12.  In the wake of the Red Army’s advance around 250,000 Polish soldiers, border guards, police officers, prison guards, State officials and other functionaries were detained. After they had been disarmed, about half of them were set free; the others were sent to special prison camps established by the NKVD (People’s Commissariat for Internal Affairs, the predecessor of the KGB) in Kozelsk, Ostashkov and Starobelsk. On 9 October 1939 it was decided that the Polish officer corps should be billeted at the camps in Kozelsk and Starobelsk and the remaining functionaries, including the police officers and prison guards, in Ostashkov.

13.  In early March 1940 Mr Lavrentiy Beria, head of the NKVD, submitted to Joseph Stalin, Secretary General of the USSR Communist Party, a proposal to approve the shooting of Polish prisoners of war on the grounds that they were all “enemies of the Soviet authorities and full of hatred towards the Soviet system”. The proposal specified that the prisoner-of-war camps held 14,736 former Polish officers, officials, landowners, police officers, gendarmes, prison guards, settlers and intelligence officers, and that the prisons in the western regions of Ukraine and Belarus accommodated a further 18,632 former Polish citizens who had been arrested.

14.  On 5 March 1940 the Politburo of the Central Committee of the USSR Communist Party, the highest governing body of the Soviet Union, took the decision to consider “using a special procedure” and employing “capital punishment – shooting” in the case of 14,700 former Polish officers held in the prisoner-of-war (POW) camps, as well as 11,000 members of various counter-revolutionary and espionage organisations, former landowners, industrialists, officials and refugees held in the prisons of western Ukraine and Belarus. The cases were to be examined “without summoning the detainees and without bringing any charges, with no statement concluding the investigation and no bill of indictment”. Examination was delegated to a three-person panel (“troika”) composed of NKVD officials, which operated on the basis of lists of detainees compiled by the regional branches of the NKVD. The decision on the execution of the Polish prisoners was signed by all the members of the Politburo, including Stalin, Voroshilov, Mikoyan, Molotov, Kalinin and Kaganovich.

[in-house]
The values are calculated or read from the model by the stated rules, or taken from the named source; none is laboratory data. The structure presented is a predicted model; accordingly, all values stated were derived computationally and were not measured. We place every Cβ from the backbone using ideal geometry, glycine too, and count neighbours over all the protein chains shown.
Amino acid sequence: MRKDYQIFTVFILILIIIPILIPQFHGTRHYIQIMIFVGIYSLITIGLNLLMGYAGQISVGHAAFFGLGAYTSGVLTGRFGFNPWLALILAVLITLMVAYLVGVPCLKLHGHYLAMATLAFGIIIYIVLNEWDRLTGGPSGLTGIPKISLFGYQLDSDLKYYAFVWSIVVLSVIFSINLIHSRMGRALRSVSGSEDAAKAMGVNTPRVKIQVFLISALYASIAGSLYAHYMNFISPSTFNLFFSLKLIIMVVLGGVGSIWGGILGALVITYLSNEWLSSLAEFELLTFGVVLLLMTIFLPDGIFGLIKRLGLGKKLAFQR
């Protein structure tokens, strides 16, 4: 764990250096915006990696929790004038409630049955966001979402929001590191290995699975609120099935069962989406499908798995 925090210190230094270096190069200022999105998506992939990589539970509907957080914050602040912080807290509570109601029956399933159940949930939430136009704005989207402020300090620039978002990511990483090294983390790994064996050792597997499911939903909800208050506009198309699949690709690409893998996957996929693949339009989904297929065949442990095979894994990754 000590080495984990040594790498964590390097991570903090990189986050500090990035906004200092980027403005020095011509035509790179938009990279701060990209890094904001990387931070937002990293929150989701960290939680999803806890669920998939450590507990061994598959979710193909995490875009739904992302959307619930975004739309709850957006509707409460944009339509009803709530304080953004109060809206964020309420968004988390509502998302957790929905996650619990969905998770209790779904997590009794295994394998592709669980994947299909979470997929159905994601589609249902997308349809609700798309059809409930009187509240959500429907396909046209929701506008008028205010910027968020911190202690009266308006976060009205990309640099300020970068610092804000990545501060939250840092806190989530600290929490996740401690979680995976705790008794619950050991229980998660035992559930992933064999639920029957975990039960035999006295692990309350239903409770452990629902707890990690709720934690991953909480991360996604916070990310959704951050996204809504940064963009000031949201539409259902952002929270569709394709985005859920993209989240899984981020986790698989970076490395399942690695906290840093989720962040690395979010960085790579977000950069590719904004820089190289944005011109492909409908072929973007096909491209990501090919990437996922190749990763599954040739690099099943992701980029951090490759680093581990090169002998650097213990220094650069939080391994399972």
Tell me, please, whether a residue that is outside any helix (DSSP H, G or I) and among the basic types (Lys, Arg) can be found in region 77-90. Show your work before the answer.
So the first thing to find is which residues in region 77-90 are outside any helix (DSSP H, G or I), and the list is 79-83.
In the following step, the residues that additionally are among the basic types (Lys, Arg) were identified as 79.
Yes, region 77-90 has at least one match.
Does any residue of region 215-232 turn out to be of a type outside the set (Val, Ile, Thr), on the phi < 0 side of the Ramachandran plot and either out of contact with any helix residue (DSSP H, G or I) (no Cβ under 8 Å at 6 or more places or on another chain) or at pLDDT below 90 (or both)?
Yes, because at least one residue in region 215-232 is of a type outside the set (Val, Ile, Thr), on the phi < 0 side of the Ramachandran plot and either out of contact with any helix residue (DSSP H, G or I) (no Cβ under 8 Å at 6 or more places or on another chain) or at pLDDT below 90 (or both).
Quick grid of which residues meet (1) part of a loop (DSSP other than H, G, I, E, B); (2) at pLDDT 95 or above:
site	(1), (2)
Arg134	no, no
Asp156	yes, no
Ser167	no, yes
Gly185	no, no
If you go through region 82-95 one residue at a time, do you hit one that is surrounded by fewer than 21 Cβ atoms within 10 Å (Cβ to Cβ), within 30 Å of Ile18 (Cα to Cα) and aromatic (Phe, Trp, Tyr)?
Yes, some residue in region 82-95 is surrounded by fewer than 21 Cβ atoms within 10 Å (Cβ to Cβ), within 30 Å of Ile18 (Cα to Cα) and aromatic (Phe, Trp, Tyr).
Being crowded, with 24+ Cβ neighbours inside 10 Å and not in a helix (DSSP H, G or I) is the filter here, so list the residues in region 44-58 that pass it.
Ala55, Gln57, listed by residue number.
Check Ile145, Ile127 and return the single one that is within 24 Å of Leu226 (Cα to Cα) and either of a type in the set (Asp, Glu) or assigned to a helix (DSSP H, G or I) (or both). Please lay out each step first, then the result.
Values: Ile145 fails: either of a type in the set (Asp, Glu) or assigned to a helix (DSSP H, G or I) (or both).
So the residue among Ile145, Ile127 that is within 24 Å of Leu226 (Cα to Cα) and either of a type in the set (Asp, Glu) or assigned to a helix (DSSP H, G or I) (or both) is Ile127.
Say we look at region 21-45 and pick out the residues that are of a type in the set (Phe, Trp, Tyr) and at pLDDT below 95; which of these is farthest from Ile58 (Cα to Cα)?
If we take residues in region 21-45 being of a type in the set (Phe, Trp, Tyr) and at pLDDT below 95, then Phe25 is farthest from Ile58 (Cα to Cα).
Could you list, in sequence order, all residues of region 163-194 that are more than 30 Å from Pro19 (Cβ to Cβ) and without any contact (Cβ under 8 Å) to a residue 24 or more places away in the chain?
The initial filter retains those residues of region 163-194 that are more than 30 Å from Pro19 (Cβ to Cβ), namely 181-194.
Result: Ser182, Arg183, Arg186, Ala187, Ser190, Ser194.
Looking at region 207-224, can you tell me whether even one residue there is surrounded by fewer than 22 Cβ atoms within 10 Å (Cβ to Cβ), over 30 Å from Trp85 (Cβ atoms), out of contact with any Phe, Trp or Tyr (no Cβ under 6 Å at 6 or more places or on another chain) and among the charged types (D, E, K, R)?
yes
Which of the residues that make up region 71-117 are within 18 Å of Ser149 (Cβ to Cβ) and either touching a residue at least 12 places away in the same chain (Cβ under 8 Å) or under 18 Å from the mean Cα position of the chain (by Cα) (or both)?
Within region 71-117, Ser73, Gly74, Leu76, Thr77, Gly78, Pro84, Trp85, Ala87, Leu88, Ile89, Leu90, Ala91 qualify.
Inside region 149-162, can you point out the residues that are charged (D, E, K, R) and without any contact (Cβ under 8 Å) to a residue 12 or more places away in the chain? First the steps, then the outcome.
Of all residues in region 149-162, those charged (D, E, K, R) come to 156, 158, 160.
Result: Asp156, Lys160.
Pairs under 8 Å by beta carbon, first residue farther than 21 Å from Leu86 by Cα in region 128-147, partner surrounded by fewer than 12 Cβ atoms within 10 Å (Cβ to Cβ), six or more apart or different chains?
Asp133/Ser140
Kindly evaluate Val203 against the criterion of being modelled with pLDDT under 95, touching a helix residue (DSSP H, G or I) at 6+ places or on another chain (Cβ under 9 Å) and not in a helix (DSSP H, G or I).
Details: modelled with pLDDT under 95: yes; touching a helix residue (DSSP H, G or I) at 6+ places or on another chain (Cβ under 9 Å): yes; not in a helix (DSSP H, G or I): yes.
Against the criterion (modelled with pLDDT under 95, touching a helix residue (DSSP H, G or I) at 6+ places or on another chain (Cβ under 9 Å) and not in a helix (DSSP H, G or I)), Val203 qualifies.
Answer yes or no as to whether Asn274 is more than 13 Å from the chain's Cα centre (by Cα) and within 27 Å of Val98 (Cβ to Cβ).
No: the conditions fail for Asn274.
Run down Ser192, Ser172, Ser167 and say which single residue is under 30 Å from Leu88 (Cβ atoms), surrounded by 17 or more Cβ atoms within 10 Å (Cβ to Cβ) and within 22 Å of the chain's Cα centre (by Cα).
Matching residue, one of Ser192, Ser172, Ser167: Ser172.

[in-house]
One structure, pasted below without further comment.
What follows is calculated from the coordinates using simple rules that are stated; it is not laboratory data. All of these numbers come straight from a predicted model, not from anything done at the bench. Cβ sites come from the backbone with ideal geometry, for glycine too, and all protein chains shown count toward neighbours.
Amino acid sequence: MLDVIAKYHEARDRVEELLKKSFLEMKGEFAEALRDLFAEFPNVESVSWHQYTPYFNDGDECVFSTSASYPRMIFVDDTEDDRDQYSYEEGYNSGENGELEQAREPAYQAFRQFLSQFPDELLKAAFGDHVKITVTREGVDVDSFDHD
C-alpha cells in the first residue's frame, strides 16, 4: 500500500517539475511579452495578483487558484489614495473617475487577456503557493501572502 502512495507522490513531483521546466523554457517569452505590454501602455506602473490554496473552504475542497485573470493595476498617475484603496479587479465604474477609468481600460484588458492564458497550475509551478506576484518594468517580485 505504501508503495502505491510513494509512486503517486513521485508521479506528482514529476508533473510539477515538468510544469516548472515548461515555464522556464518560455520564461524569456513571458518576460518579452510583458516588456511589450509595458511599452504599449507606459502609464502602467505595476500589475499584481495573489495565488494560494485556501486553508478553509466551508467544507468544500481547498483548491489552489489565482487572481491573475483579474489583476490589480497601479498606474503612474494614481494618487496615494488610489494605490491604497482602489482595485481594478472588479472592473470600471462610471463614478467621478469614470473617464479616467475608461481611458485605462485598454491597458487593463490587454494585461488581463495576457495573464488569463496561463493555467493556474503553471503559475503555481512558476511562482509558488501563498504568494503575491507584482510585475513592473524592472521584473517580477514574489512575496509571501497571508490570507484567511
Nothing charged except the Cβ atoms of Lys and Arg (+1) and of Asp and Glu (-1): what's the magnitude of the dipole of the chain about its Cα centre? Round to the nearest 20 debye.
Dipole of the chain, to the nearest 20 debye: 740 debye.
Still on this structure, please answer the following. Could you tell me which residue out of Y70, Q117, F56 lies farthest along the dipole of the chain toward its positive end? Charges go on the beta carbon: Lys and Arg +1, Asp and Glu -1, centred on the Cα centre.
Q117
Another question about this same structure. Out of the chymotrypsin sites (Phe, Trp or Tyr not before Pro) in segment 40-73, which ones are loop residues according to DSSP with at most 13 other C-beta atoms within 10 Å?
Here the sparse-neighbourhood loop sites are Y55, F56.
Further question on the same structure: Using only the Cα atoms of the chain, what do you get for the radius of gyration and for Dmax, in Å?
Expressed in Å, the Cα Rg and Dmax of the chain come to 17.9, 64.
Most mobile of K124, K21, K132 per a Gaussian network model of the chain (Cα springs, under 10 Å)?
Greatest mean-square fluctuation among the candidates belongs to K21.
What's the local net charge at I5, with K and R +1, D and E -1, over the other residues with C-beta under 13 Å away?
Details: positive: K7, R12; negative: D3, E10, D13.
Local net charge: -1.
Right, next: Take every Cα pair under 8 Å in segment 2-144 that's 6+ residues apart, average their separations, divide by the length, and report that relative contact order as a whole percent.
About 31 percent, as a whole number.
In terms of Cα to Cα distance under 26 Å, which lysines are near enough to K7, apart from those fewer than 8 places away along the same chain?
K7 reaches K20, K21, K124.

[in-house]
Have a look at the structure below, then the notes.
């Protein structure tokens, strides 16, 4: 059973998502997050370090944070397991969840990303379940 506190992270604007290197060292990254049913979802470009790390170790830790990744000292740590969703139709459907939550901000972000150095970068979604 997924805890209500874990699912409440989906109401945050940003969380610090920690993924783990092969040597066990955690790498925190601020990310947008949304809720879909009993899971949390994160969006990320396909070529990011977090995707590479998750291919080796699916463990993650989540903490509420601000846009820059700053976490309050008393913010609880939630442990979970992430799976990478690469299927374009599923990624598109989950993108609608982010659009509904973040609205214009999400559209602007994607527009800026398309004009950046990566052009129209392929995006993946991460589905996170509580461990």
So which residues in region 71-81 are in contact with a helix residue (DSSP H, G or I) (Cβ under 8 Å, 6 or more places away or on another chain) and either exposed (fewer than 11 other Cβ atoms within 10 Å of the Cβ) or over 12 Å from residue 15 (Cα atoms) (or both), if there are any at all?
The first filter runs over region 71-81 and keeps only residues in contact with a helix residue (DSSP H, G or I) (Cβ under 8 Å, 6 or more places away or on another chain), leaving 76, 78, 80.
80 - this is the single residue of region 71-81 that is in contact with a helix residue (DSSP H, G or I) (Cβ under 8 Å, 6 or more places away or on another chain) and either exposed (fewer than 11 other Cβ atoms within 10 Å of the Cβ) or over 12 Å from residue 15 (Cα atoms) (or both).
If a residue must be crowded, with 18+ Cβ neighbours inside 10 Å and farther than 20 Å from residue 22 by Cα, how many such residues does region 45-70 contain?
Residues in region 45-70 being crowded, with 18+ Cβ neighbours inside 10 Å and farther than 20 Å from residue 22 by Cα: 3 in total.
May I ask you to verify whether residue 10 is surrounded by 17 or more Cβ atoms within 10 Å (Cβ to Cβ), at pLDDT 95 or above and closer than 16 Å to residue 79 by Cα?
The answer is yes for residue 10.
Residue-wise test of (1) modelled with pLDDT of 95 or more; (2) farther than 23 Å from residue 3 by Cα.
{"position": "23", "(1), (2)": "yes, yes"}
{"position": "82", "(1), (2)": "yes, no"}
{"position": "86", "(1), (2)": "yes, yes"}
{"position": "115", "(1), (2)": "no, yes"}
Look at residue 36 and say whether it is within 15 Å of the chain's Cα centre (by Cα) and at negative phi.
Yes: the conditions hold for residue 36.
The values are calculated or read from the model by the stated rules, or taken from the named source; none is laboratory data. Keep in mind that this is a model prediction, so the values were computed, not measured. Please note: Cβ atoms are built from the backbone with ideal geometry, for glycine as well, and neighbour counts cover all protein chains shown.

15.  The killings took place in April and May 1940. Prisoners from the Kozelsk camp were killed at a site near Smolensk, known as the Katyn Forest; those from the Starobelsk camp were shot in the Kharkov NKVD prison and their bodies were buried near the village of Pyatikhatki; the police officers from Ostashkov were killed in the Kalinin (now Tver) NKVD prison and buried in Mednoye. The circumstances of the execution of the prisoners from the prisons in western Ukraine and Belarus have remained unknown to date.